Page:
Foods for Faster Recovery
If the saying ‘your body is built’ in the kitchen is true, then the same can be said of your recovery. Although you might feel like comfort food on the sofa if you’ve overdone it in the gym and need to take some time out, the right diet can really help on your road to recovery, minimising soreness, aiding muscle repair and reducing inflammation. Whether you’re taking some enforced time out after an injury or are just looking to safeguard your strength after a particularly gruelling session, read on to find out what fuel can help you get back on your feet.
Any form of protein is an essential when it comes to helping your body repair faster because it contains such a rich source of amino acids. When you work out, you damage your muscles and tissues (even more so if you happen to go one further and injure yourself) which means you need amino acids in the form of protein to repair them. Protein also helps fight infection, balance fluids and carry oxygen through your body, making it a really important all-round recovery tool. Research shows that animal-based protein provides a broader range of amino acids than plant-based proteins, but you can still get your quota if you are vegetarian or vegan, you might just need to box clever when it comes to combining your sources. If you struggle to consume enough quantities of protein or need something quick and convenient, Workshop’s Organic Vanilla Pea Protein Formula is a dairy-free, vegan, easily digestible source.
While you might recognise stiffness and joint pain as regular post workout soreness, they’re actually signs that post-workout tissue inflammation is taking hold, and while inflammation is a natural and integral part of your body’s healing process, if it’s prolonged or exacerbated it can slow recovery right down and stop you from reaching your fitness goals long term. Citrus fruits and leafy green vegetables are rich in vitamin C, a potent antioxidant that has powerful anti-inflammatory properties and can help reduce the amount of inflammation present. Vitamin C is also responsible for stimulating collagen production which can help maintain proper bone, muscle and tendon health.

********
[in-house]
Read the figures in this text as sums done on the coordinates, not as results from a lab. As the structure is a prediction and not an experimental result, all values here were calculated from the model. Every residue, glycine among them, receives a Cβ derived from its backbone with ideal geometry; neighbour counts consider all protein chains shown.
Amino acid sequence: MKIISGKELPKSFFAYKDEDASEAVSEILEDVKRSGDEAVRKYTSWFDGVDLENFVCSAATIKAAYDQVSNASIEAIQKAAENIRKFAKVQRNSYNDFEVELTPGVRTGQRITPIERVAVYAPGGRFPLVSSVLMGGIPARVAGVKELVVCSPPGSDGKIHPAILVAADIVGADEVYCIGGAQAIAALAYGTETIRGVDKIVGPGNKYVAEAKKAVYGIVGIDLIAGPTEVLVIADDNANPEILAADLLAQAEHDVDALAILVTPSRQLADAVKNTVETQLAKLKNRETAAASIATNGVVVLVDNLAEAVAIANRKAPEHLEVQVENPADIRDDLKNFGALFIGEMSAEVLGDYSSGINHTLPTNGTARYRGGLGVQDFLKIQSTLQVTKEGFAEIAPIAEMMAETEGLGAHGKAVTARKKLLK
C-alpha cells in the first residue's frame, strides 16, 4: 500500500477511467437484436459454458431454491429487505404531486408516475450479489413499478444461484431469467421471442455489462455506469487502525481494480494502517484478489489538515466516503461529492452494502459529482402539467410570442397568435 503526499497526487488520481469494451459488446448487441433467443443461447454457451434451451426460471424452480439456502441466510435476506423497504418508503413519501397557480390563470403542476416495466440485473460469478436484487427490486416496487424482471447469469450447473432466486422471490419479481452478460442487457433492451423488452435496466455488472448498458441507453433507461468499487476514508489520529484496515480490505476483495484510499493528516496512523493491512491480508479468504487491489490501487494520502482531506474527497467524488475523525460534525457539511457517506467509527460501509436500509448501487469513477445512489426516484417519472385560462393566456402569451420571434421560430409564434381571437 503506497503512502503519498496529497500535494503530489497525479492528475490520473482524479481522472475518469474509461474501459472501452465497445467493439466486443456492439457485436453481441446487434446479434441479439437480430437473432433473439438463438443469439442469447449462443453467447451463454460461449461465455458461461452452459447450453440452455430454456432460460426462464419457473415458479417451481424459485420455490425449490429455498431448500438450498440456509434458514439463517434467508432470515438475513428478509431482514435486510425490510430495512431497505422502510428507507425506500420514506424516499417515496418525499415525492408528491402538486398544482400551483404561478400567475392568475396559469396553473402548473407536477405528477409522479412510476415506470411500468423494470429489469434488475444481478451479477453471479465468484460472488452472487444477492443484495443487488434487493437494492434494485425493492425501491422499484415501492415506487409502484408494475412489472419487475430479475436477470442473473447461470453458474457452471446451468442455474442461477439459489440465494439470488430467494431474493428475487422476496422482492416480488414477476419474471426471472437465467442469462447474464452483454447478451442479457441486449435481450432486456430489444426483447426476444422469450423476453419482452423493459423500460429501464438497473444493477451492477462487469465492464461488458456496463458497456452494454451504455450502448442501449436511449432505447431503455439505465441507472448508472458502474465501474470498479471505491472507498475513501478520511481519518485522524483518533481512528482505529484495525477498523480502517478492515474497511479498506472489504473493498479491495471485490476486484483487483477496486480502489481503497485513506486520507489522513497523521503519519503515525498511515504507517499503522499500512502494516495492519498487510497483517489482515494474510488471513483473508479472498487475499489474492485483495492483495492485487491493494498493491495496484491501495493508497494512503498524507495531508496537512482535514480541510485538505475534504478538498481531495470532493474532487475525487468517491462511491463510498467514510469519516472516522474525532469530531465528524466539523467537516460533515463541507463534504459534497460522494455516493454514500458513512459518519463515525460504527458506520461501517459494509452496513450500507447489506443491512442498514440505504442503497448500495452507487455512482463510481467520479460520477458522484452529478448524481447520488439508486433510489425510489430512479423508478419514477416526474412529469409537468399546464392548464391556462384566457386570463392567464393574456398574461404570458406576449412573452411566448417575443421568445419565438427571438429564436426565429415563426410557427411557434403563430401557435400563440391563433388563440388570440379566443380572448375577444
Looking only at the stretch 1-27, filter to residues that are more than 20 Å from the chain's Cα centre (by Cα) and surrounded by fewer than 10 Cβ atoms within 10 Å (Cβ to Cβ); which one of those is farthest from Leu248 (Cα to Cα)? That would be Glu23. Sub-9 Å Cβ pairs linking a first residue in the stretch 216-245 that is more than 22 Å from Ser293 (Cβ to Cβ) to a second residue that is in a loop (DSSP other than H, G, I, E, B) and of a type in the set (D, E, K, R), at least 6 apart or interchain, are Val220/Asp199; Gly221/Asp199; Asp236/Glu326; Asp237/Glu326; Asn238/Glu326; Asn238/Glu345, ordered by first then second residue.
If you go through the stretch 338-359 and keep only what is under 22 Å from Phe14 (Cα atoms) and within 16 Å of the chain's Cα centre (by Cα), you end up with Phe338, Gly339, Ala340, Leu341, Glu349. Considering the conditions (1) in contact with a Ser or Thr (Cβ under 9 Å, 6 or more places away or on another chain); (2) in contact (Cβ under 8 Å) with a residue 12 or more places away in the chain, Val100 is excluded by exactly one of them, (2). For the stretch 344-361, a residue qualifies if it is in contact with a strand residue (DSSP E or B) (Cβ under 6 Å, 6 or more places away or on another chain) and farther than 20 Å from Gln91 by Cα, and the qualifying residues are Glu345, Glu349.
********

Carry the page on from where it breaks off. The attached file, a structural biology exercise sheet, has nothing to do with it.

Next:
It might seem a little decadent to sit down to a plate of post-workout oysters, but this shellfish contains the highest levels of zinc (closely followed by red meat, nuts and poultry) a mineral that is essential for speeding up healing. As well as keeping the immune system ticking over (vital for recovery) and repairing muscle damage, zinc also plays an important part in muscle protein synthesis, helping cells to create protein too.
No recovery diet is complete without a good source of healthy carbs and sweet potatoes are about as good as they come. Brilliant for providing the energy cells to heal after injury, carbs are also important sources of enzymes like hexokinase and citrate synthase, which have shown to be important in wound healing. Sweet potatoes are another good source of anti-inflammatory vitamin C so consider them a (tasty) double threat.
As the cheese with the highest quota of calcium per serving (one ounce contains 33% of your RDA), parmesan is a great fortifying addition to your post recovery diet. Not only is calcium widely known for its ability to help heal bones, it’s also important when it comes to muscle contractions. If you can combine your calcium intake with a vitamin D supplement (or foods such as oily fish) then even better as vitamin D enhances the body’s absorption of calcium. If you’re dairy-free then other good sources of calcium include soy or almond milk or seeds such as sunflower seeds. Side-note: hard, aged cheeses like parmesan are lower in lactose so are easier to digest for those with lactose intolerance or issues.